At the close of all evidence , the trial court granted Defendant's motion to dismiss a conspiracy charge, but denied Defendant's motion as to the remaining charges. Thereafter, Defendant was convicted of maintaining a dwelling for the use of a controlled substance and trafficking in cocaine by possession. The trial judge sentenced Defendant to 70 to 80 months imprisonment for trafficking cocaine, and to a suspended sentence of 6 to 8 months imprisonment for maintaining a dwelling for the use of a controlled substance .
    Defendant appeals to this Court arguing that the trial court erred by (I) failing to dismiss the c harge of maintaining a dwelling for the purpose of using, keeping, or selling a controlled substance and (II) failing to dismiss the charge of felonytrafficking in cocaine by possession.

I.
    Defendant first argues that the trial court erred in failing to dismiss the charge of maintaining a dwelling for the purpose of keeping, using, or selling a controlled substance in violation of Section 90-108(a)(7) of the North Carolina General Statutes. He contends the State failed to provide substantial evidence Defendant 'kept or maintained' the dwelling where a controlled substance was found. We agree.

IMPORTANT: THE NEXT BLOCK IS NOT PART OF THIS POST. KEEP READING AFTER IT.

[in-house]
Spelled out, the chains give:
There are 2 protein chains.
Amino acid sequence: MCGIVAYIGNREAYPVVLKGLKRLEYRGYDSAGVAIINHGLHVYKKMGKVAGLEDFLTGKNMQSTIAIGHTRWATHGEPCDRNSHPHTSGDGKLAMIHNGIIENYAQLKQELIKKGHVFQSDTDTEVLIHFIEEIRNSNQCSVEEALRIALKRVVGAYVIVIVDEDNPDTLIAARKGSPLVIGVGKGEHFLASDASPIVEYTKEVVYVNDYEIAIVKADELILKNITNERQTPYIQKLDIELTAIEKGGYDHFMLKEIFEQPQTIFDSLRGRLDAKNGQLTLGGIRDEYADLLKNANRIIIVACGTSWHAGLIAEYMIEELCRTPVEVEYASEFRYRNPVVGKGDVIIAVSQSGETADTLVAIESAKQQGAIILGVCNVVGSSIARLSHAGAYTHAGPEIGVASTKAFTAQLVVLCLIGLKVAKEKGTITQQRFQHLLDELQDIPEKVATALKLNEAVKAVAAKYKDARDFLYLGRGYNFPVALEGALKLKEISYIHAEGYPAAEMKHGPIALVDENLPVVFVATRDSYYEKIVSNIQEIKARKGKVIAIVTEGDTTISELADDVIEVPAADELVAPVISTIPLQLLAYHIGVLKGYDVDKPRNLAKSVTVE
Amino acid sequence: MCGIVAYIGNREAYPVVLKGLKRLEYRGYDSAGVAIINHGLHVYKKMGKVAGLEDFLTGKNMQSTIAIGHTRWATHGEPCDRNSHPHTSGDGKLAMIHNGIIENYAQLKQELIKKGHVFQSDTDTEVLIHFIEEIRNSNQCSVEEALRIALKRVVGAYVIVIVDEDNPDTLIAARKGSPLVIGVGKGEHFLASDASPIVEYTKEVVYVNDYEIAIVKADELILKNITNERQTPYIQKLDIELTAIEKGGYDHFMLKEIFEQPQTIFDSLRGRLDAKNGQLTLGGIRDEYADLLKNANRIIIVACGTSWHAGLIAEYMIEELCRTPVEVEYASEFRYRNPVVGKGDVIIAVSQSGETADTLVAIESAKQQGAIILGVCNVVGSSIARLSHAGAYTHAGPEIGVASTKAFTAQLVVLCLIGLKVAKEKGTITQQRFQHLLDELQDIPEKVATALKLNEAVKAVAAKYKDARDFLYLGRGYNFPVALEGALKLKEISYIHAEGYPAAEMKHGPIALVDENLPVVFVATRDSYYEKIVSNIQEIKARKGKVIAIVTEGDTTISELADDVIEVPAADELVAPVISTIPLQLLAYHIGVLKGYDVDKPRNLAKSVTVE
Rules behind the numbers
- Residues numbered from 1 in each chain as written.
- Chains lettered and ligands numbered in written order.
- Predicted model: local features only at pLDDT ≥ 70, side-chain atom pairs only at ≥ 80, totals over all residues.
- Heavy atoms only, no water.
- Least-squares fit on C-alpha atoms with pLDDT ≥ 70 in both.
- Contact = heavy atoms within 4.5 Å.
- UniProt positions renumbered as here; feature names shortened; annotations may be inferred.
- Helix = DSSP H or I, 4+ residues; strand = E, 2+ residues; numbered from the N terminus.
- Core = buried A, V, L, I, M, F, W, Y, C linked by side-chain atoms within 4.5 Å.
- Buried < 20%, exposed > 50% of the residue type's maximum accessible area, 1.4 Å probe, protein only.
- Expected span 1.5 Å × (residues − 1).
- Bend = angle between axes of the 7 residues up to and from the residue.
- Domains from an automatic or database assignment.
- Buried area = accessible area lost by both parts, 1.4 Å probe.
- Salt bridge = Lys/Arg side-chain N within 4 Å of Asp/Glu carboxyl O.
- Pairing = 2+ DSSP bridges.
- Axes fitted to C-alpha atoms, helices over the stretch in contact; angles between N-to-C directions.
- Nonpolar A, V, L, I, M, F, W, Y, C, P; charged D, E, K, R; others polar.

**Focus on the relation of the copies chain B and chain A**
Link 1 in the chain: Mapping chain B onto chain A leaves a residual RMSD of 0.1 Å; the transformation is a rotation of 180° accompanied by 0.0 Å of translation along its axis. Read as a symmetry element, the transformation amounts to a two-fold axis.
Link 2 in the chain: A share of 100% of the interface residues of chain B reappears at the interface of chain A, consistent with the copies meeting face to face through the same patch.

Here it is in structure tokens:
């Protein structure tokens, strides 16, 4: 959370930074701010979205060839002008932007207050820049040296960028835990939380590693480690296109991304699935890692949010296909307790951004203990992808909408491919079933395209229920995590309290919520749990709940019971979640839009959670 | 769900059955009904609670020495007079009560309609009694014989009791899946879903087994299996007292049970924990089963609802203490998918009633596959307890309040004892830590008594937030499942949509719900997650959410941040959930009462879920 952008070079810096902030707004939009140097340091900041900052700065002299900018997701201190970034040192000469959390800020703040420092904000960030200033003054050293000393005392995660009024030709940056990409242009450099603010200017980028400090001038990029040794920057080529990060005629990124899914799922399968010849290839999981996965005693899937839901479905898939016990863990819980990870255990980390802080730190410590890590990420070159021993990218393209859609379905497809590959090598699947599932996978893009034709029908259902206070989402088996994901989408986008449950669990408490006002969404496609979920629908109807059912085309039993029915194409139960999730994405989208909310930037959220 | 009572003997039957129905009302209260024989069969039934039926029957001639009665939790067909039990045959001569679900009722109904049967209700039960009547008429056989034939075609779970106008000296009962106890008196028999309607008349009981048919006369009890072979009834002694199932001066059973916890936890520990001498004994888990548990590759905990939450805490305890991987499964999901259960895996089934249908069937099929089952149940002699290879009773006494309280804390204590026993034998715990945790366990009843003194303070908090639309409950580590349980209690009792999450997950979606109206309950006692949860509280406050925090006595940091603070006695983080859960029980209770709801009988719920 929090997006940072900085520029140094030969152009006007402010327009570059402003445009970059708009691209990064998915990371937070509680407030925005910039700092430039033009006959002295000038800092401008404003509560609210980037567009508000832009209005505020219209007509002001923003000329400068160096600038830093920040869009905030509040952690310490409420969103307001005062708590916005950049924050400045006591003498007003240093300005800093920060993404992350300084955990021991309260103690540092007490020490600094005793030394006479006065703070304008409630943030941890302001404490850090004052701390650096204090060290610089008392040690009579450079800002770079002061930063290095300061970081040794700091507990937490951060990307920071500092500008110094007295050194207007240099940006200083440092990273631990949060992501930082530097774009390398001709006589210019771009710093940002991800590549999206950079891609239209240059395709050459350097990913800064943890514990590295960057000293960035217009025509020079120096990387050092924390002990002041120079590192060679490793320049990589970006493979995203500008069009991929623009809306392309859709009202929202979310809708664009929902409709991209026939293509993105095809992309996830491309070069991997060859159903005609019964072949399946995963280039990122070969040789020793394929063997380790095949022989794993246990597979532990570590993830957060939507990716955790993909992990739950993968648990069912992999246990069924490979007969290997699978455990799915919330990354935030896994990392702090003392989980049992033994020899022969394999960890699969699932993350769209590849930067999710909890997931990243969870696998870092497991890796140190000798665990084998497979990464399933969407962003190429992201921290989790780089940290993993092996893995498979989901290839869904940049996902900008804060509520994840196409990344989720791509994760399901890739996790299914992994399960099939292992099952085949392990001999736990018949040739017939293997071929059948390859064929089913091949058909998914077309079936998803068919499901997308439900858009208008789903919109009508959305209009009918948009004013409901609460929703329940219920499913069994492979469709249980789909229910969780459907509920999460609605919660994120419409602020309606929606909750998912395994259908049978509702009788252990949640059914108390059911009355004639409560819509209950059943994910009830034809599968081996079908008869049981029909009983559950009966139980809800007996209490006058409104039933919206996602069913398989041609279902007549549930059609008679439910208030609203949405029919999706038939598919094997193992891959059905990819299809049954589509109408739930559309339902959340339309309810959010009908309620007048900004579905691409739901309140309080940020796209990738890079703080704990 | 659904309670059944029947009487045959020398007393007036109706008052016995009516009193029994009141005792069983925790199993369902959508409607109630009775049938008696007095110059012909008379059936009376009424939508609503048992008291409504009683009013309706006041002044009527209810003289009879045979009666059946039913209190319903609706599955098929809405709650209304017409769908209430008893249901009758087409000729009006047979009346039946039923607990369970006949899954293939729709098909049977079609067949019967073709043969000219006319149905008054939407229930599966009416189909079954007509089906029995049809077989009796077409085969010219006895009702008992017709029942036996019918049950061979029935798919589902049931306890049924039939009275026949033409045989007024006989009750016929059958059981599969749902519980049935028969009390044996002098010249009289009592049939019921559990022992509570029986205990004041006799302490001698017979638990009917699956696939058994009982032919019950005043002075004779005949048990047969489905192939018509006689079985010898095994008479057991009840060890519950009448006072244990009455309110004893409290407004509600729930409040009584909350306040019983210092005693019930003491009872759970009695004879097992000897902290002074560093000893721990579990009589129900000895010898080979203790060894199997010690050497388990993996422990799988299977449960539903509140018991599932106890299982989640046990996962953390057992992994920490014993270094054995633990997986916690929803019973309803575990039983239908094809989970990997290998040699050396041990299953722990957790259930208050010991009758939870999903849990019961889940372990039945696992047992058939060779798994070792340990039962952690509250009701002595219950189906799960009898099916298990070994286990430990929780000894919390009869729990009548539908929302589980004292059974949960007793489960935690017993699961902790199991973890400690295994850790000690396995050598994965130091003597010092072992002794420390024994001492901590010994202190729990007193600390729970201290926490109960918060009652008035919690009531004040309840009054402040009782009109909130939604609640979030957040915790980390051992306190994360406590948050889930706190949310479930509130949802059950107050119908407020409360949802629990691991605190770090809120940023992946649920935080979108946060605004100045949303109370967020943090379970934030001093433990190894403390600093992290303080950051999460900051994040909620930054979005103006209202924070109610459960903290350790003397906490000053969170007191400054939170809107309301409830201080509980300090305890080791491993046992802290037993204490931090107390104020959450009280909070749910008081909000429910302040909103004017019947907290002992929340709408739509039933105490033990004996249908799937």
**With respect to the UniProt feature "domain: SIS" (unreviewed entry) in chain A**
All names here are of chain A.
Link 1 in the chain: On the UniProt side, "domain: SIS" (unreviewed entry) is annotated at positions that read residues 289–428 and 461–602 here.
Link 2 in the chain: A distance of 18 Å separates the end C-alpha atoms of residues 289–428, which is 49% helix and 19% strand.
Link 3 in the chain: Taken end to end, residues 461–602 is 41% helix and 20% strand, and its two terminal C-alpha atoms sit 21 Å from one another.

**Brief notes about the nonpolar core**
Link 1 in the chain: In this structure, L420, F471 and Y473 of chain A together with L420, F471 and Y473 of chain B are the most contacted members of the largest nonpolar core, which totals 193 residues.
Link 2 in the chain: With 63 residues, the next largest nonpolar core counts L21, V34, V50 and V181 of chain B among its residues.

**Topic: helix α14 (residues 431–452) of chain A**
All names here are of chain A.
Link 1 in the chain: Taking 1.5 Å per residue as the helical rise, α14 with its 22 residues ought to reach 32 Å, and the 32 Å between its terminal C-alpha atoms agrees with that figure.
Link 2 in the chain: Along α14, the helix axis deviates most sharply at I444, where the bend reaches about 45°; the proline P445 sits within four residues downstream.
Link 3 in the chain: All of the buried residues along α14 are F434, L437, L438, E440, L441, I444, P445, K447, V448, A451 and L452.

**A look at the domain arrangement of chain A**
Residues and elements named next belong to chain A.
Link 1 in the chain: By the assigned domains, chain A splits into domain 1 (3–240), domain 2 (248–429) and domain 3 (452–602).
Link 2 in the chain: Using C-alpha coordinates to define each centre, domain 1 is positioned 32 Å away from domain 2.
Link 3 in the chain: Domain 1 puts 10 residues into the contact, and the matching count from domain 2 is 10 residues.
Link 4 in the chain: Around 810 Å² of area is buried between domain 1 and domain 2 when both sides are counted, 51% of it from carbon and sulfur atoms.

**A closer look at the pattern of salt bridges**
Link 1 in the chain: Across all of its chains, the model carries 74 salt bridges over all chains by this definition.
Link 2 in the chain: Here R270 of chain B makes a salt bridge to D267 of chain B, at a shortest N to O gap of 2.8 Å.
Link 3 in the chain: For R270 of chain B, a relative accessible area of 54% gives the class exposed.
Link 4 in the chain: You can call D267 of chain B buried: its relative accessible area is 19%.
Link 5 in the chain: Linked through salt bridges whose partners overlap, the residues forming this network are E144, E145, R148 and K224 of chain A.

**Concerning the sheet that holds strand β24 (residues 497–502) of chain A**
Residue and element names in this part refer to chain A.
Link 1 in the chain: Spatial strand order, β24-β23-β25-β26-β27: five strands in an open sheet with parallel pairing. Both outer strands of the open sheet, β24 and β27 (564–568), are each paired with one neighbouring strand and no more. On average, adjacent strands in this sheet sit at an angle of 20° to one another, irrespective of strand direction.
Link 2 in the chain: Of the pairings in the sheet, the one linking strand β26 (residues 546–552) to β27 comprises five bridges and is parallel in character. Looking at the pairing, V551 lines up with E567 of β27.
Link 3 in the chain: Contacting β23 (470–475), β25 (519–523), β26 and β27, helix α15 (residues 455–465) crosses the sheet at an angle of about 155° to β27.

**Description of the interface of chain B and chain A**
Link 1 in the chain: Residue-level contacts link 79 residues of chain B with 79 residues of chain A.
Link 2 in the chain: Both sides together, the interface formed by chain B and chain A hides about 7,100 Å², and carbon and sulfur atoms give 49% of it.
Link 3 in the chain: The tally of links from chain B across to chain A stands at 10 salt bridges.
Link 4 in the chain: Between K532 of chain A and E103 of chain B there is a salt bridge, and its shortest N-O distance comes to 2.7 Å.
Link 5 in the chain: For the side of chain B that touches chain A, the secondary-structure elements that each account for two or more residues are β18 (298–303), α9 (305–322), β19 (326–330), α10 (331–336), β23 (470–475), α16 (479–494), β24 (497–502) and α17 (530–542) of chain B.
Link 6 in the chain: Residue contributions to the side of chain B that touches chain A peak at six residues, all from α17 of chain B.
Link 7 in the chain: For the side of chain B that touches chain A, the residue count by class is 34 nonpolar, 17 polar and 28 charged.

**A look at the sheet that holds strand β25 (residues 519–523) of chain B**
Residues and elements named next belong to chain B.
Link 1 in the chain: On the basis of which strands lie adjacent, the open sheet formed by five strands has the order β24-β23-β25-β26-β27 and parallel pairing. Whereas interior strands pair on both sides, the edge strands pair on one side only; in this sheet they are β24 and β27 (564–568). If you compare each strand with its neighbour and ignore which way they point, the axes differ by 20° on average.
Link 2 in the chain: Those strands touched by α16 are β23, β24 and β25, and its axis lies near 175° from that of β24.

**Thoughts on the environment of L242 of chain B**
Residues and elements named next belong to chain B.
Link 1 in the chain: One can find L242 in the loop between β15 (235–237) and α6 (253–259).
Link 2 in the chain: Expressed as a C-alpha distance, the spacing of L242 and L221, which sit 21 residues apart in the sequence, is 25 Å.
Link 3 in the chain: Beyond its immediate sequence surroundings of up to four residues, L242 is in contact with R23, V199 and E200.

“In reviewing the denial of a motion to dismiss, this Court must examine the evidence adduced at trial in the light most favorable to the State to determine if there is substantial evidence of every essential element of the crime.” State v. Harris, 157 N.C. App. 647, 651, 580 S.E.2d 63, 66 (2003) (citatio ns omitted). “Substantial evidence is relevant evidence that a reasonable mind might accept as adequate to support a conclusion.” State v. Olson, 330 N.C. 557, 564, 411 S.E.2d 592, 595 (1992) (citation omitted). “[ H]owever, if the evidence is sufficient only to raise a suspicion or conjecture as to either the commission of the offense or the identity of the defendant as the perpetrator, the motion to dismiss must be allowed[.]” State v. Grooms, 353 N.C. 50, 79, 540 S.E.2d 713, 731 (2000) (citation omitted).
    Defendant was charged with violating Section 90-108(a)(7) of the 2005 North Carolina General Statutes, which states,
        It shall be unlawful for any person to knowingly keep or maintain any store, shop, warehouse, dwelling house, building, vehicle, boat, aircraft, or any place whatever, whichis resorted to by persons using controlled substances in violation of [Article V of the North Carolina Controlled Substances Act] for the purpose of using such substances, or which is used for the keeping or selling of the same in violation of this Article.